Project: Research project

Project Details


Genetic factors contribute to the expression of autoimmune diseases in
both mice and humans. These genes are largely uncharacterized; moreover,
their gene products and mechanisms of action are unknown. A recessive
mutation, lpr, that occurred in MRL mice results in profound
lymphadenopathy with expansion of an unusual subpopulation of T cells and
generalized autoimmune disease. A "reverse" genetic approach is proposed
to identify the mutant or deficient gene products of the lpr locus and
MRL genes that interact with lpr to result in renal disease. The method
relies on defining the physical location of these genes. RFLV and
microsatellite polymorphisms will be used as markers in two different
crosses segregating for the recessive genes that are critical to clinical
and serologic disease in these mice. The renal histology will be scored
and correlated with the genotype analyses and autoantibody profiles. The
localization of lpr to mouse Chr 19 will be confirmed and saturation
mapping using clones from a flow sorted mouse Chr 19 library will be
performed. Of most interest will be defining the MRL quantitative trait
loci (QTL) that predispose to nephritis. Detailed mapping of each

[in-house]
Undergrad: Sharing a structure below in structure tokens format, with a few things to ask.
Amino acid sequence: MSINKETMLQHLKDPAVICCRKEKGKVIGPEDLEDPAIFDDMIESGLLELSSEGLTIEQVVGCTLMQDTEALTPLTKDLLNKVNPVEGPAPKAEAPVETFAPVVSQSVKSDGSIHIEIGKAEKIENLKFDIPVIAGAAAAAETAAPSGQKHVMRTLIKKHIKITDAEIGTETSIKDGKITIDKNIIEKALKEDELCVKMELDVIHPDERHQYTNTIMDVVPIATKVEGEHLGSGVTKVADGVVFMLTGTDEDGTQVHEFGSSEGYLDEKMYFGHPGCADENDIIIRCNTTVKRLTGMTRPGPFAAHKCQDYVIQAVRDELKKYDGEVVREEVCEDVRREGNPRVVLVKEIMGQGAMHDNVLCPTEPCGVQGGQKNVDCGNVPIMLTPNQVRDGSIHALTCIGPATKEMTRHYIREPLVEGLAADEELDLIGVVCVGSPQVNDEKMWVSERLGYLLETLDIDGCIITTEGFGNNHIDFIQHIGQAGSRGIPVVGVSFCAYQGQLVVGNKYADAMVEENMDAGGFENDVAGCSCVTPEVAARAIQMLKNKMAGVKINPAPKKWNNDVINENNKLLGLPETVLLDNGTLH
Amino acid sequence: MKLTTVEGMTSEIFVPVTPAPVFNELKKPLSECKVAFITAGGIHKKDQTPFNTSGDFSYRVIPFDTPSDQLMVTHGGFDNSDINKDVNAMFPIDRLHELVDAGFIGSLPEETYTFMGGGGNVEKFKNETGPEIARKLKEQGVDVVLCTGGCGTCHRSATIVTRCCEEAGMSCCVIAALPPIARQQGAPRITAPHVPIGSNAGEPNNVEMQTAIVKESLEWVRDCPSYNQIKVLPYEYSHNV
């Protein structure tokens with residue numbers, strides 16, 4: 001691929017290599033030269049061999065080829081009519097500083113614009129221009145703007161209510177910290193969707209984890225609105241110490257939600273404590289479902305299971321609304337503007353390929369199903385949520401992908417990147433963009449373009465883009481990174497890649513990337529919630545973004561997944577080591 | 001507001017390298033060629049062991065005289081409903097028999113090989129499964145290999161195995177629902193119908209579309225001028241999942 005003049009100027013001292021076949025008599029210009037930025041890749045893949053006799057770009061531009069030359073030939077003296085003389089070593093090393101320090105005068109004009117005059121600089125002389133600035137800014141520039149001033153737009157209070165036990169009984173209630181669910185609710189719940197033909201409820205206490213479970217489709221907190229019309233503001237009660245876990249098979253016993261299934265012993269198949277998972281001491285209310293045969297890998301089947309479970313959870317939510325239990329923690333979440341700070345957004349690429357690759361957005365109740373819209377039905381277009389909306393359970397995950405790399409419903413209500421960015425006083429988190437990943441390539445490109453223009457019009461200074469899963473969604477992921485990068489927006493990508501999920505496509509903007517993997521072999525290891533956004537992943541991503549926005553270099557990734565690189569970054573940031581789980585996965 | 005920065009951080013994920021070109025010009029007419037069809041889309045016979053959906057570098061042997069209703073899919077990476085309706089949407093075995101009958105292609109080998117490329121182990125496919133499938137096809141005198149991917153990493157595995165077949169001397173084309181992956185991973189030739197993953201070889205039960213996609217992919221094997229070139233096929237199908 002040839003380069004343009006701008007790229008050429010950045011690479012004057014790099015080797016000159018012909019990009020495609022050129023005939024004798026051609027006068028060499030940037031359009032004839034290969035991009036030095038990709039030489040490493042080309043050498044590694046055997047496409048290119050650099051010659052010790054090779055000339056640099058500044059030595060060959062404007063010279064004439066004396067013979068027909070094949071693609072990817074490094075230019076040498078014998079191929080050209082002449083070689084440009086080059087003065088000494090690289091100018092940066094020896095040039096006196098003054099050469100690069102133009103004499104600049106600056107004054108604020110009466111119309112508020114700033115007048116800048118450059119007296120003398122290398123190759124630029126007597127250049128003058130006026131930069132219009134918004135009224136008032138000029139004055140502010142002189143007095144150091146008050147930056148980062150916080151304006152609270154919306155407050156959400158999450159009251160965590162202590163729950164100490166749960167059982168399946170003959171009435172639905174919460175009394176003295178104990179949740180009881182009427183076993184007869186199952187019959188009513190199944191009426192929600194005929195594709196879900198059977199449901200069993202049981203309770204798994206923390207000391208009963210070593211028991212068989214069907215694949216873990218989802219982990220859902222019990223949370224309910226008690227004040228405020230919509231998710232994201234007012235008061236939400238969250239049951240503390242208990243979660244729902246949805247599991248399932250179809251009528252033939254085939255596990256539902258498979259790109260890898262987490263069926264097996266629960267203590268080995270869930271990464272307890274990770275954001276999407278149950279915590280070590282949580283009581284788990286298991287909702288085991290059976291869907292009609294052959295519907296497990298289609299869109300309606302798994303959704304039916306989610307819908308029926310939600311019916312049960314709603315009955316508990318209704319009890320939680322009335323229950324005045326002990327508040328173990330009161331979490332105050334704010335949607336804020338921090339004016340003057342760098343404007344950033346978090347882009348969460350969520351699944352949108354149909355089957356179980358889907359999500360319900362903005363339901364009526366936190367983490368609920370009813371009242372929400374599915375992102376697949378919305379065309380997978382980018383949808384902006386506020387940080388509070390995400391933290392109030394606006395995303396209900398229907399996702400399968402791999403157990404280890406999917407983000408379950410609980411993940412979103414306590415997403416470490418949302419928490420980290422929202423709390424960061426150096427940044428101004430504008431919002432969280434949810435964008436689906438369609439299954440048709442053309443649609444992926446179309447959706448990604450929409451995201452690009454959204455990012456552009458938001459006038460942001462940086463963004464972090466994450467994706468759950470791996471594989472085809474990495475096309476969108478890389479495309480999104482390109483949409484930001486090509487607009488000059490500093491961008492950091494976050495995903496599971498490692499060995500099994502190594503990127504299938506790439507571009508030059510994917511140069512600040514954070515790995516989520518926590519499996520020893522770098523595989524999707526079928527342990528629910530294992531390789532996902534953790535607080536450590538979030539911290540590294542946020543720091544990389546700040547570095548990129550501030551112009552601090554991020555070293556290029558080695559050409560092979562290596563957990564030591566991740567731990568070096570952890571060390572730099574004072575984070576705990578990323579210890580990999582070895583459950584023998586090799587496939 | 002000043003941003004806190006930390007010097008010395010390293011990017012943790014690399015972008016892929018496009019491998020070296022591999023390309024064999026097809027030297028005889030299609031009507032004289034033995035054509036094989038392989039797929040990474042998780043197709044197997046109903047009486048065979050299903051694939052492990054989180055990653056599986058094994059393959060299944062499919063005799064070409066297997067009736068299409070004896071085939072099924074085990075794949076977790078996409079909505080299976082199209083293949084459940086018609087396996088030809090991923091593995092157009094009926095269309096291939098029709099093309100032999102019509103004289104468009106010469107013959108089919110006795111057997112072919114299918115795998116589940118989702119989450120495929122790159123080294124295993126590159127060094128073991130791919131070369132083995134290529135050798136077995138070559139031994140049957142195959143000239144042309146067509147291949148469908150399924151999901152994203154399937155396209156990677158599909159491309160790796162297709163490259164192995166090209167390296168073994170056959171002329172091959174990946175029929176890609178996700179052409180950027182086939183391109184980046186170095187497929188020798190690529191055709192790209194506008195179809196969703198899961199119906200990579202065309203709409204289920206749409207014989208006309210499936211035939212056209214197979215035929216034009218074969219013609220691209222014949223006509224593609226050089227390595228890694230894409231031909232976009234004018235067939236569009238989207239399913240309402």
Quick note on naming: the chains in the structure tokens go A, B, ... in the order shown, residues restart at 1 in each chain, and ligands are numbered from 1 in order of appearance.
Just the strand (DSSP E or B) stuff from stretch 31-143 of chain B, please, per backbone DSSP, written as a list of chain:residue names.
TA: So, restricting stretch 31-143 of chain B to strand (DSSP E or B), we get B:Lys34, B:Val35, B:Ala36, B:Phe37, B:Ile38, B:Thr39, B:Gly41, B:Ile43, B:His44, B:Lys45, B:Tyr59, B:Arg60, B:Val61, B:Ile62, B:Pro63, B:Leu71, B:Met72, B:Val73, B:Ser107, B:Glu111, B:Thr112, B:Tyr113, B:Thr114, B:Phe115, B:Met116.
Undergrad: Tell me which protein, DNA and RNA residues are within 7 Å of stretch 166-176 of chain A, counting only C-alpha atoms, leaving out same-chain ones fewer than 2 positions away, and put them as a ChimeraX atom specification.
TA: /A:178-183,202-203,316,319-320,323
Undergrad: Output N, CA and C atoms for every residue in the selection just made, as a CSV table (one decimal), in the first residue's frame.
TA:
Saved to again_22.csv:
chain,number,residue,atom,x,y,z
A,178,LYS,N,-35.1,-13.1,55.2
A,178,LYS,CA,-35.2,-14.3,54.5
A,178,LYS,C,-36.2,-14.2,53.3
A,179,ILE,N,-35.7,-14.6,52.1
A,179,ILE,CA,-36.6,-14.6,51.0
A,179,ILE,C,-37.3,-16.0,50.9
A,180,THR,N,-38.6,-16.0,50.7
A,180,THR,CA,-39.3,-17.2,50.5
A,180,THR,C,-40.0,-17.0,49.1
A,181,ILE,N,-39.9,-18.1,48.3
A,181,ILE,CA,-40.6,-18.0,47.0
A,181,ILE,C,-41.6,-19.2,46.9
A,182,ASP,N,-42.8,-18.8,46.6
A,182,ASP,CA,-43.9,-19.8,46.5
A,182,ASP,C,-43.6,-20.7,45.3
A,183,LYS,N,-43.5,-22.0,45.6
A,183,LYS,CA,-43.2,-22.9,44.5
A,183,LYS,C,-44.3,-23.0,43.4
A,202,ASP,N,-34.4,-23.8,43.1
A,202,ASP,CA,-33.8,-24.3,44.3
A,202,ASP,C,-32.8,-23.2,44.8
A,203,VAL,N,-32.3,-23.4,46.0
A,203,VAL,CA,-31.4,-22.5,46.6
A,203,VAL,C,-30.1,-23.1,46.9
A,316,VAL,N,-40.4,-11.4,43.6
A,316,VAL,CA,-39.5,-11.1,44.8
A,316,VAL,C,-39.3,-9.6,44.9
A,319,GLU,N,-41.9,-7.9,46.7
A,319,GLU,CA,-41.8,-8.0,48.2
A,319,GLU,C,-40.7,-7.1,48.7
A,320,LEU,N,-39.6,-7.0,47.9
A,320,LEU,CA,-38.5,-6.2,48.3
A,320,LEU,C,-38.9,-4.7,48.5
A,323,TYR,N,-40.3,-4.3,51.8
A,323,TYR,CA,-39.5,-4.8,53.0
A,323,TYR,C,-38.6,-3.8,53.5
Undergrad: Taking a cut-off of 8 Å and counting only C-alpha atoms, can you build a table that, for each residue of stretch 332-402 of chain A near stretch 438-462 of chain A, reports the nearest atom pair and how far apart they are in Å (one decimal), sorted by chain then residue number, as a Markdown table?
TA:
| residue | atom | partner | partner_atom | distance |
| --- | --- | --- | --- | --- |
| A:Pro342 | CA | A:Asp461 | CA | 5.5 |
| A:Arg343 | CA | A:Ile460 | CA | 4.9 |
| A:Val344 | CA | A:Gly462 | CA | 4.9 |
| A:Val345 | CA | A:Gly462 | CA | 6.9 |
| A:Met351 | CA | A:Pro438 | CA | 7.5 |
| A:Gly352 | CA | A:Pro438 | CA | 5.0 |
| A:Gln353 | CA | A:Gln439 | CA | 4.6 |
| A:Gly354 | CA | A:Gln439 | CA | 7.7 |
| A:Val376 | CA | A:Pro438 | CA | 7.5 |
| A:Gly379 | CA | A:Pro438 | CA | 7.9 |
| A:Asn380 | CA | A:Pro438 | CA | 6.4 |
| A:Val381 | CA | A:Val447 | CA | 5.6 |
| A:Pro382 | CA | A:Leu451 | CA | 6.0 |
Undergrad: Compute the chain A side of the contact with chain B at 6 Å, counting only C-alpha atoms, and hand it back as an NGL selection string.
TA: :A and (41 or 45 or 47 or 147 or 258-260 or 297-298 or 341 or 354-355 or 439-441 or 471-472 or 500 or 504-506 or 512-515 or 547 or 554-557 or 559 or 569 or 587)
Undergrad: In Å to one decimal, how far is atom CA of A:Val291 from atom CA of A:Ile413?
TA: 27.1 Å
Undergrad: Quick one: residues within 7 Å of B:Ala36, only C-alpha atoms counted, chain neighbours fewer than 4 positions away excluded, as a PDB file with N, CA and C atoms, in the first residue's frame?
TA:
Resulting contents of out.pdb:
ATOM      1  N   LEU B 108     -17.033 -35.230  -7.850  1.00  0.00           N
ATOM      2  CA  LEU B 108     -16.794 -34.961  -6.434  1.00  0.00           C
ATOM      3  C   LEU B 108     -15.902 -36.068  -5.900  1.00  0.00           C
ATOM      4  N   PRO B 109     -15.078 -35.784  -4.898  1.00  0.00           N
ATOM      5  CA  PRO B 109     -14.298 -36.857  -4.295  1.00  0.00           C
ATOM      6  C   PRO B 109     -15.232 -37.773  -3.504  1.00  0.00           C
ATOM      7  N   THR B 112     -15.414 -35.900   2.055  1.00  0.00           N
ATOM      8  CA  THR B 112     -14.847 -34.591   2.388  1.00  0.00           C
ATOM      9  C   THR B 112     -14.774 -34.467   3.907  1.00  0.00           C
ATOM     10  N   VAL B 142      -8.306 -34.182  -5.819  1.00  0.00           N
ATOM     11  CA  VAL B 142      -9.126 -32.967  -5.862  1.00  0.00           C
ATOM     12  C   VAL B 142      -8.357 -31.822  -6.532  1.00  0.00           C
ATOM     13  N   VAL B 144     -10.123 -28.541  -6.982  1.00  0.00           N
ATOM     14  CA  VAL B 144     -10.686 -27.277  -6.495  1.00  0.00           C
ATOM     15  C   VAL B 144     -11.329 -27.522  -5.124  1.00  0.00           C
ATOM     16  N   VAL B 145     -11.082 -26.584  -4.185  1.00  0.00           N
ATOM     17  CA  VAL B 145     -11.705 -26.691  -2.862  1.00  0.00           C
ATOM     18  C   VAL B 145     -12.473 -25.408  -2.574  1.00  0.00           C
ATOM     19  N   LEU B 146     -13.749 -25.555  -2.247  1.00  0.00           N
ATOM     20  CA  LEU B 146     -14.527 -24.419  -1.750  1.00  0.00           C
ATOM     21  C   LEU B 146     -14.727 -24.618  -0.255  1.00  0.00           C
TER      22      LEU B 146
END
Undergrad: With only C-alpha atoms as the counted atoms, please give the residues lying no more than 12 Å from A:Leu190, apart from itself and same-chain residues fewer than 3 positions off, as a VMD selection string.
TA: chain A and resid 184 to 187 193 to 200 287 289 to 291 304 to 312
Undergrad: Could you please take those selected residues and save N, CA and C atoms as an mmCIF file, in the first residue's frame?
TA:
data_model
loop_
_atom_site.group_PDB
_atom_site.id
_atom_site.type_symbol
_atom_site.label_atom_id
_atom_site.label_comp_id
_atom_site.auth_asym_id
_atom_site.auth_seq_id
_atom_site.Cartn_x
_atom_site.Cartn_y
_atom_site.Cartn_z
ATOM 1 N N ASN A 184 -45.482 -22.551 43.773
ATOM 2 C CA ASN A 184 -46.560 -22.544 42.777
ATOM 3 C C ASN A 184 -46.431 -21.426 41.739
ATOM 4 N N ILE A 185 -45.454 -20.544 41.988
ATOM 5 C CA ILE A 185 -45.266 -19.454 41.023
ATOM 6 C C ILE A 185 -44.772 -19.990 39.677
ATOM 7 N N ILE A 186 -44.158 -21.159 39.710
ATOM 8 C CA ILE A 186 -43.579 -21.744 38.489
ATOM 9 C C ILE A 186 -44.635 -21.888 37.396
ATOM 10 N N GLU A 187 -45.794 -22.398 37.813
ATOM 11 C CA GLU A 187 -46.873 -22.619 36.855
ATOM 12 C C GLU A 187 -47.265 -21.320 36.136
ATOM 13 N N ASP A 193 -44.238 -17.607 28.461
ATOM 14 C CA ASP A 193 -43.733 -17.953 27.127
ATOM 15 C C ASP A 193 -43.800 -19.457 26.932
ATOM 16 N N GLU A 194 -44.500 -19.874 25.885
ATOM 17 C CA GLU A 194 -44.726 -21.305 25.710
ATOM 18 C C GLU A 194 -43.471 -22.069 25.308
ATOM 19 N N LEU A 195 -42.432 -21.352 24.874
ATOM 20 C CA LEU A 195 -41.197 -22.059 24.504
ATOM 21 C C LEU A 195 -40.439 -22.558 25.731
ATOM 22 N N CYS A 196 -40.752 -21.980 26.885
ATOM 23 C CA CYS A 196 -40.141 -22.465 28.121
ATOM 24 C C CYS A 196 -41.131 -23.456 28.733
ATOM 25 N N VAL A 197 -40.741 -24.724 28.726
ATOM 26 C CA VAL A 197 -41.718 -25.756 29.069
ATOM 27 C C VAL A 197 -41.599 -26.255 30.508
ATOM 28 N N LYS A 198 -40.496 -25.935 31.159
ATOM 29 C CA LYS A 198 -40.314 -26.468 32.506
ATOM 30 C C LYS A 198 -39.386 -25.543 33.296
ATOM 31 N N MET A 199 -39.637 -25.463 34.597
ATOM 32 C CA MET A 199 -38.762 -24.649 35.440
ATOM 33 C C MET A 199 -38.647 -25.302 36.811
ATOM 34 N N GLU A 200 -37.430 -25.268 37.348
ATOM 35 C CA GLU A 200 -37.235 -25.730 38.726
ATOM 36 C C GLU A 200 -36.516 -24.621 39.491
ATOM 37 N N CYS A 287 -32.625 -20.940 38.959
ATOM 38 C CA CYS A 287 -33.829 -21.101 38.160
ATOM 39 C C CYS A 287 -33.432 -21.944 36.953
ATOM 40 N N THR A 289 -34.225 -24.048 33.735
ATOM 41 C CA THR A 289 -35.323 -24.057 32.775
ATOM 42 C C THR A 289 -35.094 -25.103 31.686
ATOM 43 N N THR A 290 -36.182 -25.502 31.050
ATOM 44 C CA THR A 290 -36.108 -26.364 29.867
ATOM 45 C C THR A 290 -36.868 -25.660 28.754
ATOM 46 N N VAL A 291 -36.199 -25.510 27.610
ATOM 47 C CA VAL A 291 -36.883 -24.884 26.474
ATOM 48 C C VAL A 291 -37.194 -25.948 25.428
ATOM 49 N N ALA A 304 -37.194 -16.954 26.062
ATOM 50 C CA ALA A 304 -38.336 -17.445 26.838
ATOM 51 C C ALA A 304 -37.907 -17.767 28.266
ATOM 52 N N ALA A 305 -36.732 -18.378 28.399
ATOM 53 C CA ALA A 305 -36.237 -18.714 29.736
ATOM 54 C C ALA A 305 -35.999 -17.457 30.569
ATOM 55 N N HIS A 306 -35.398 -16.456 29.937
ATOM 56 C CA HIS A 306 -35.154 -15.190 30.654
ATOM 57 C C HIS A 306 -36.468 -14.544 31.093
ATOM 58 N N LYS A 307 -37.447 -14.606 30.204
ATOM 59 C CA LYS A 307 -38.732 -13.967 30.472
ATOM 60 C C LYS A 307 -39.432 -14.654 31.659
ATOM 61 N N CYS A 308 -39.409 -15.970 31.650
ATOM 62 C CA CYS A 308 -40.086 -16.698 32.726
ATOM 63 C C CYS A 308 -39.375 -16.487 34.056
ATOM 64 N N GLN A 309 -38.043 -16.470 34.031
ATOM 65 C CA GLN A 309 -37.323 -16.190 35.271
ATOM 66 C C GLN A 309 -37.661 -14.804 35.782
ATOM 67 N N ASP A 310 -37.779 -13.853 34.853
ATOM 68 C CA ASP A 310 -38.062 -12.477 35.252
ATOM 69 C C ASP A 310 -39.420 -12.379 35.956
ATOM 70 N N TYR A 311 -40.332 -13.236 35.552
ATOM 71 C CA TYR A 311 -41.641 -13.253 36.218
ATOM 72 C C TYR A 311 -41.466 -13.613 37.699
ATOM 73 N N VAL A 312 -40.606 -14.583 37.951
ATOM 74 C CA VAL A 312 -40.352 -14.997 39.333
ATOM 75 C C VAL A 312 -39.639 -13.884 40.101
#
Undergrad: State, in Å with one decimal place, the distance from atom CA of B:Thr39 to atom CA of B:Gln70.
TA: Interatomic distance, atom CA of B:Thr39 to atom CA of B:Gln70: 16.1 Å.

relevant region of the genome will be undertaken using available clones
localized to the specific chromosome segment and clones likely to be in
that region of the genome. If necessary, a subchromosome specific
library or a chromosome microdissection library will be generated to
allow saturation mapping of one of the identified QTL regions. Long
range restriction site analyses of the relevant regions of the mouse
genome will be performed. If, as is likely, one or more autoimmune loci
are within a chromosomal segment largely conserved between the mouse and
human genome, these studies may identify the chromosomal location of
human "autoimmune genes". A variety of strategies including the use of
chromosome jumping and a mouse yeast artificial chromosome library, in
addition to long range restriction mapping will be used to more precisely
define the molecular location of the critical gene (s) responsible for
genetic predisposition. Comparison with MRL-plus-minus/plus-minus mice
will be useful for determining the lpr mutation as will comparison of
CBA/KJ with a new mutation at the lpr locus in a strain designated
CBA/KJ-lpr(cg) . For other localized "autoimmune genes", candidate genes
may be suggested by their chromosomal location. Definition of a single
gene that predisposes to autoimmunity should allow fundamental insight
into molecular basis for disease in mice and humans.
Effective start/end date9/30/928/31/97


  • National Institutes of Health: $251,657.00
  • National Institutes of Health
  • National Institutes of Health: $207,109.00
  • National Institutes of Health
  • National Institutes of Health


  • Medicine(all)

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